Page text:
Presidential frontrunner and former military chief Abdel-Fattah El-Sisi can rely at present on considerable public support. But this support appears to be less substantial than the Egyptian media machine projects, and will not last unless he is able to address Egypt’s deep economic, political and social problems.
Since July 3, 2013 and the military takeover that removed the Muslim Brotherhood’s Muhammad Morsi from power, Egypt’s former military commander and current presidential frontrunner Abdel-Fattah El-Sisi has been glorified as the nation’s saviour.
He has used that public and media support to imprison Muslim Brotherhood supporters and other voices of political dissent under Egypt’s newest fight against terrorism. Stigmatising and persecuting dissenting voices focuses public attention away from essential economic and political reform. Instead, it helps legitimise the regime’s battle against ‘Egypt’s enemies.’ While this strategy may strengthen the new regime’s rule in the short term, it will also lead to increased political polarisation, dehumanisation of political dissent, and further strain the fabric of Egyptian society.
When Egyptians took to the streets on January 25, 2011 they rallied for economic reforms, freedom and social justice. Under Morsi’s Islamist-led government these demands were neither tackled nor adequately addressed. Instead Morsi’s non-Islamist opposition found they were increasingly alienated from the political process as the Brotherhood sought to consolidate its hold on power. This eventually led to mass consensus and mobilisation seeking Morsi’s removal, of which the military and its allies in the old order were quick to take advantage.
The period since Morsi’s removal has been characterised by the silencing of political and ideological rivals. The Brotherhood’s support base has been imprisoned by the thousands by security forces and very likely tortured. And with the top tiers of Brotherhood leadership behind bars, the youth are now running the organisation on the ground. With their allies in the anti-coup movement, they continue to rally behind Morsi’s reinstatement as Egypt’s democratically elected and legitimate president.
Additionally, groups like the April Sixth Youth Movement have also been targeted. Its leader, Ahmad Maher, imprisoned, as other key activists have been, including women’s rights advocate Mahienour El-Massry, targeted for protesting illegally under Egypt’s draconian new protest law. Ironically, she was demonstrating in solidarity with Khaled Saeed, a young man whose death at the hands of security services was one of the events that sparked the 2011 revolution.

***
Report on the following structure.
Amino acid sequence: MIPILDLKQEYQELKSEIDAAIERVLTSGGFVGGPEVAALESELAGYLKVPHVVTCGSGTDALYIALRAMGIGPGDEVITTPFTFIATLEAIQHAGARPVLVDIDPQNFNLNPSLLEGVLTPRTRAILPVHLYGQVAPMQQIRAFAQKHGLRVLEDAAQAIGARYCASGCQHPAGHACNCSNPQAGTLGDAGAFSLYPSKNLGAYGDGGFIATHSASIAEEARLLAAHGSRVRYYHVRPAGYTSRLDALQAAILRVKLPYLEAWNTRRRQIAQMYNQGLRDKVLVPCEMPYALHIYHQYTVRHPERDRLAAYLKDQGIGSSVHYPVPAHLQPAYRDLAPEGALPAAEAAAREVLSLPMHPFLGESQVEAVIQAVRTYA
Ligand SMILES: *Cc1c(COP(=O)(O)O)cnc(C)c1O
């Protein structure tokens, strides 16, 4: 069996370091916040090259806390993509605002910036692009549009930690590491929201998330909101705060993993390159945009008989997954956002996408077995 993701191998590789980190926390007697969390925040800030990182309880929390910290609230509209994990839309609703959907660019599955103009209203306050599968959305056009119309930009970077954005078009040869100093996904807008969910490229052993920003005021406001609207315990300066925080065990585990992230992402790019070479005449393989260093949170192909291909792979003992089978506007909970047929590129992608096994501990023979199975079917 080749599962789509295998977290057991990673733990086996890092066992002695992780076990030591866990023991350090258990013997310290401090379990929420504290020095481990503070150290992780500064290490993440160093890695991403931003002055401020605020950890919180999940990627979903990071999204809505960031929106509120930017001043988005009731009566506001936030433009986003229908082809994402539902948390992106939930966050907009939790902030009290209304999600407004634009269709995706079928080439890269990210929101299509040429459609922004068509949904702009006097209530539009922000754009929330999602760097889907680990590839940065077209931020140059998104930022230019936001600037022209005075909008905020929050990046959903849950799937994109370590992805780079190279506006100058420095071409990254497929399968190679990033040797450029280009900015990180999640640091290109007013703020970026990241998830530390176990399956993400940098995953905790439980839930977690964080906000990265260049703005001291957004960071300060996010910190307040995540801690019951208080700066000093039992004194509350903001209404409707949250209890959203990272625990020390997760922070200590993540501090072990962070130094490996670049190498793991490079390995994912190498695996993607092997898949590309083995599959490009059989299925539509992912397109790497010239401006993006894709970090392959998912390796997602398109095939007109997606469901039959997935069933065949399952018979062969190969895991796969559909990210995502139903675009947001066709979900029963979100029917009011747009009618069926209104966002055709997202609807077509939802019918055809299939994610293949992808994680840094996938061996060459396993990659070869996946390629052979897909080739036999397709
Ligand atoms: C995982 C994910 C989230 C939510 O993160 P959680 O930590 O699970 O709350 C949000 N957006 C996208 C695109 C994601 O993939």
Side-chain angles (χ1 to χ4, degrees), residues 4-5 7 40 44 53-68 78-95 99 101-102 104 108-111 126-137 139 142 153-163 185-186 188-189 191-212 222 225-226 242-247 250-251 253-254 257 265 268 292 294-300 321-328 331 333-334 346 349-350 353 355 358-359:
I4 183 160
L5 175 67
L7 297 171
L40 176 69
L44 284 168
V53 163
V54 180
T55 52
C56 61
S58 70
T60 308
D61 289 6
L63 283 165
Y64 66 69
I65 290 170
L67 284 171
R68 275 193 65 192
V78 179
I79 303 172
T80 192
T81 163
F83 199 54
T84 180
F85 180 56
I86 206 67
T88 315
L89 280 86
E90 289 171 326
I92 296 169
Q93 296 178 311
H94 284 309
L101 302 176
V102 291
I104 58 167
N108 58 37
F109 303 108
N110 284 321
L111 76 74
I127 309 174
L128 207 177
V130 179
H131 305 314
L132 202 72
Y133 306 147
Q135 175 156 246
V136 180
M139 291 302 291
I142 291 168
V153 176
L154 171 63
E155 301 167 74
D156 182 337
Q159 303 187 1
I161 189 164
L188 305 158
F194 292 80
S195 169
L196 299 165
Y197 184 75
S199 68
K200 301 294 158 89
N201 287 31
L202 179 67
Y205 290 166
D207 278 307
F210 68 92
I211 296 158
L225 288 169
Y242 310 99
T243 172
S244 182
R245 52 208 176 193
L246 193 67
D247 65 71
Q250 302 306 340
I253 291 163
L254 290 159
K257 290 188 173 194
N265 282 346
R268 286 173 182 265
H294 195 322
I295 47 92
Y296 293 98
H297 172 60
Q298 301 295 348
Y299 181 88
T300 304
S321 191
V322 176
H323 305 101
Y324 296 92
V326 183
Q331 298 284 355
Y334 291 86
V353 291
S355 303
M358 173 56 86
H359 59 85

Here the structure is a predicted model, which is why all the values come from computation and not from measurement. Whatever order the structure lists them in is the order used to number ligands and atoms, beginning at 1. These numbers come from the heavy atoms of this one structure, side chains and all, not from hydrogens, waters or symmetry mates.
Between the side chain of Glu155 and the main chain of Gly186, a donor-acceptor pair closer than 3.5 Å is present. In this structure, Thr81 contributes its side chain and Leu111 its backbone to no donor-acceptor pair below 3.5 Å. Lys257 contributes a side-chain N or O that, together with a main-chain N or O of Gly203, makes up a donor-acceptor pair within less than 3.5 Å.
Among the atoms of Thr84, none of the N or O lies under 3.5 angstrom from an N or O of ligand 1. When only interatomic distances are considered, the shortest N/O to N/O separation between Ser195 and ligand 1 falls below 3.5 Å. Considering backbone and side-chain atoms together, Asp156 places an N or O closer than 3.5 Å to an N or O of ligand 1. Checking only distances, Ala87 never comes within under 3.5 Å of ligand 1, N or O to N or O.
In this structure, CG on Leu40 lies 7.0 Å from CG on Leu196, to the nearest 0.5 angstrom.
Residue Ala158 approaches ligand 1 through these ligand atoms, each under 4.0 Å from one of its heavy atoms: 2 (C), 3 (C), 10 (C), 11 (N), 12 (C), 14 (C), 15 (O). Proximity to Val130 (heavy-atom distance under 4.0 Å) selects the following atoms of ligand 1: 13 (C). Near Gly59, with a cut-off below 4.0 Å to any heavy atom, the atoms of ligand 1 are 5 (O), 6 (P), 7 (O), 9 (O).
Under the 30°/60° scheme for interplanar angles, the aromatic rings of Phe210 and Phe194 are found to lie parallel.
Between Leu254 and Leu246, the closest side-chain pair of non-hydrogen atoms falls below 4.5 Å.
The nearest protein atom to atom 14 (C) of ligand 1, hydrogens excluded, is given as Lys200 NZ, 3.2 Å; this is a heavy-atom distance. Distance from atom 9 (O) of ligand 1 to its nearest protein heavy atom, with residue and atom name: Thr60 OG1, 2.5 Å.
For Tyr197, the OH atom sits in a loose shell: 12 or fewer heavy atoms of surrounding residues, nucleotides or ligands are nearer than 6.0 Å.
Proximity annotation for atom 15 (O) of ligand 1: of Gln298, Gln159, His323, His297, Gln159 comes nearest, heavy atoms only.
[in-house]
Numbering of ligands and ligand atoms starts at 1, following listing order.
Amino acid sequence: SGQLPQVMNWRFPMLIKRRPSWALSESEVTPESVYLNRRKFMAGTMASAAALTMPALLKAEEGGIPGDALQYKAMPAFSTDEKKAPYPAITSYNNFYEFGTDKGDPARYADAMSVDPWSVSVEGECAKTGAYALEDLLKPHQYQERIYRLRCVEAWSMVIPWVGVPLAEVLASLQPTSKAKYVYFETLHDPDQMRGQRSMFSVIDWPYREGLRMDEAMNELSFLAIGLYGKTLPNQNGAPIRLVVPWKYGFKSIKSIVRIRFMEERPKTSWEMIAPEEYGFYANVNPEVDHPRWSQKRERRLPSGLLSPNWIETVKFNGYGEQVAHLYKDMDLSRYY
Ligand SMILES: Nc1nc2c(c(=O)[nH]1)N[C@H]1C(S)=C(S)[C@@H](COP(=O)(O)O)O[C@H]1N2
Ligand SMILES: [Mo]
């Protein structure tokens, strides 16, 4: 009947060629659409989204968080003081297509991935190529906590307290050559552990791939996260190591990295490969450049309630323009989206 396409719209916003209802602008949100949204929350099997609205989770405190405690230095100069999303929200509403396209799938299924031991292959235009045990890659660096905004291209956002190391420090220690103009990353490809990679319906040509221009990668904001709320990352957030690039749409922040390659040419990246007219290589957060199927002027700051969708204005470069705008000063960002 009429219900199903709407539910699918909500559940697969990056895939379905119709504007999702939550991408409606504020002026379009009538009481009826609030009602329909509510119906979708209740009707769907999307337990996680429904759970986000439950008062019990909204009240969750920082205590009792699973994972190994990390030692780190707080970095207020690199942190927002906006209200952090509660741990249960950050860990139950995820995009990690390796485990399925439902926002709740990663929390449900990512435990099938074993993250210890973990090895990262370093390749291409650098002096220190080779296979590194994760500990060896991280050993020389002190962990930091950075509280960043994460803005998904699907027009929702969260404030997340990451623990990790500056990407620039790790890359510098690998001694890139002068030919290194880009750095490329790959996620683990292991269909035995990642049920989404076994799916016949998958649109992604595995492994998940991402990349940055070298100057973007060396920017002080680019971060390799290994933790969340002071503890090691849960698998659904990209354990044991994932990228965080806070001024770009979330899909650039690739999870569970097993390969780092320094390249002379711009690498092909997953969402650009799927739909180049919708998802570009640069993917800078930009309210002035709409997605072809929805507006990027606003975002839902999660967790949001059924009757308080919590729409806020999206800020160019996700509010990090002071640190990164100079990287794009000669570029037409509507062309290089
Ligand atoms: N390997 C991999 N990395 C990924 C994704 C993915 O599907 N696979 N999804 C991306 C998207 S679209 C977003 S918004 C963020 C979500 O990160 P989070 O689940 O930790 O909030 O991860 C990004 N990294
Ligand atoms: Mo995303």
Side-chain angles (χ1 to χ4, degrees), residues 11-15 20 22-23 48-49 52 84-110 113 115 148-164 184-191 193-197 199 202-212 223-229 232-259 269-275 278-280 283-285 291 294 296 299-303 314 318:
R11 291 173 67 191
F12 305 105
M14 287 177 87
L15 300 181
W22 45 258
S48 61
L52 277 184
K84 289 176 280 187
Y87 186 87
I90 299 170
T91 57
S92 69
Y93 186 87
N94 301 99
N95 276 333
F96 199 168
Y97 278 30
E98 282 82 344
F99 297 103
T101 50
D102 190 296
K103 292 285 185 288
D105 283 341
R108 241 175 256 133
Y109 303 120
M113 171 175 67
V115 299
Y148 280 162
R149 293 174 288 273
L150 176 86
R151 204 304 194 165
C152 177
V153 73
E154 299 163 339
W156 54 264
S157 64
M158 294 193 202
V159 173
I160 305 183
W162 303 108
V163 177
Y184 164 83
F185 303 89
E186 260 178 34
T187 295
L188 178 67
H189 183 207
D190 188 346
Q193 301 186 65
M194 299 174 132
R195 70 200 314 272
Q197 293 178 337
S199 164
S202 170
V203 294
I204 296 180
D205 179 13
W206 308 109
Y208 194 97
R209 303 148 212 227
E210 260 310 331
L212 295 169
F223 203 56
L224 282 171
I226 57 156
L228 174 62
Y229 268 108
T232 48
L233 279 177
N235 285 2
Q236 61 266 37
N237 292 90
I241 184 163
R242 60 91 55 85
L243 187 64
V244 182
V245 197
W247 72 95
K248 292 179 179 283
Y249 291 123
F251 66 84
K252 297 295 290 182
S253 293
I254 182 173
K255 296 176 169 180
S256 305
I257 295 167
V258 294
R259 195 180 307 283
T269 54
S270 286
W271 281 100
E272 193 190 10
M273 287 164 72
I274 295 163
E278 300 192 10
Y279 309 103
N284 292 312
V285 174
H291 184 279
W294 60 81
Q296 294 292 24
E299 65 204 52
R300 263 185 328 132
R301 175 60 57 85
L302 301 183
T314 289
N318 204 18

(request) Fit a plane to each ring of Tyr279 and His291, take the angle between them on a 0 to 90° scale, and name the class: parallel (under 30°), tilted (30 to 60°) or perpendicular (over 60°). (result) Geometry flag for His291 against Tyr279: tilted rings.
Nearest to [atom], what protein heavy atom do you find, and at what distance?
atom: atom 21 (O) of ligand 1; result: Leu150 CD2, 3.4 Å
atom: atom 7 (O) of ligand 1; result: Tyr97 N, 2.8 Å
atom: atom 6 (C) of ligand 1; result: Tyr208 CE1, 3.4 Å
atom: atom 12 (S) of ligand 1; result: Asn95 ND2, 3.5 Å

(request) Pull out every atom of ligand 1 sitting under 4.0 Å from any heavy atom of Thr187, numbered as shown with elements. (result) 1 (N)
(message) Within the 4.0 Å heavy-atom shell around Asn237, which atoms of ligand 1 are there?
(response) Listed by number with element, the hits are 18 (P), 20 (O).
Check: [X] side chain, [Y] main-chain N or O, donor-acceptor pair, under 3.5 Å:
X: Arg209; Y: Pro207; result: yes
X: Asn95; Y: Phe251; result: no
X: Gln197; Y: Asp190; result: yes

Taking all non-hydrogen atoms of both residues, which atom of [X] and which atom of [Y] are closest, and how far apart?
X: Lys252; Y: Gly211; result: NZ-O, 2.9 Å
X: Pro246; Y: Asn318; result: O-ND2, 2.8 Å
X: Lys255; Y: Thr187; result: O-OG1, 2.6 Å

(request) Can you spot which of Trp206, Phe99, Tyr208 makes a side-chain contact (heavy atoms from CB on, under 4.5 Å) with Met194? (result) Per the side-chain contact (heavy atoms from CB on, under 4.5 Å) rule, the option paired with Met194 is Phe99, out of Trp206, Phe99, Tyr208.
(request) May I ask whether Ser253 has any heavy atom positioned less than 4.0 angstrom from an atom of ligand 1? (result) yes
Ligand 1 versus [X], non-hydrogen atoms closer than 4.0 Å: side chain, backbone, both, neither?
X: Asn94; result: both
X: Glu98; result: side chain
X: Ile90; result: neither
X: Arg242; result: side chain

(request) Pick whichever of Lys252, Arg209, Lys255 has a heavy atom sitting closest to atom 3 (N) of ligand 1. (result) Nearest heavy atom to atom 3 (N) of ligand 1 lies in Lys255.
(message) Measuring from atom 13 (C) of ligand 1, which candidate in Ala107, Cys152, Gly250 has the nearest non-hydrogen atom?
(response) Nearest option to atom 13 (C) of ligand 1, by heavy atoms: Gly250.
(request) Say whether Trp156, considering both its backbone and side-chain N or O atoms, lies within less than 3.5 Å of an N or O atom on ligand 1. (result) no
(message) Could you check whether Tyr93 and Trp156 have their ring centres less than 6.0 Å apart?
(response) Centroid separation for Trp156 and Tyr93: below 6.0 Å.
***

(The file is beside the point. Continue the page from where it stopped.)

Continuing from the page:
El-Sisi will seek to strengthen his own legitimacy and the Army’s through the electoral process and he will almost certainly win. However, his victory will not reflect his support on the ground. Many opposition movements have boycotted the elections, including Islamist groups (with the exception of the Salafist Nour Party), liberal groups like April Sixth, and a great number of individuals, especially youth, who are disillusioned with the broader political context.
A study published by the Pew Research Centre conducted in April of this year revealed that 54% of those surveyed think of El-Sisi favourably and over the last year support for the institution of the military has decreased from 73% to 56%. Thus, while the media scramble to contribute to El-Sisi’s cult of personality by portraying him as Egypt’s saviour, fighter of terror, and most-recently, defender of Islam, public opinion seems less inclined to accept this image than the Army elites might have wanted.
While Egyptians may currently support the regime-endorsed focus on ‘stability’ at the expense of individual rights and freedoms, this outlook will very likely change unless the Army leadership is capable of addressing Egypt’s deep socio-economic problems. Ironically, in the long term, this might end up renewing the strength and legitimacy of opposition groups, from the Islamist Brotherhood to the liberals and the left. Although elements of the old regime remain deeply rooted in the Egyptian institutional framework, individual political awareness has been changed over the past three years.
The January 25 Uprising opened up new spaces to question and actively engage with the regime, and while some paths have been closed, it seems only a matter of time before things change again.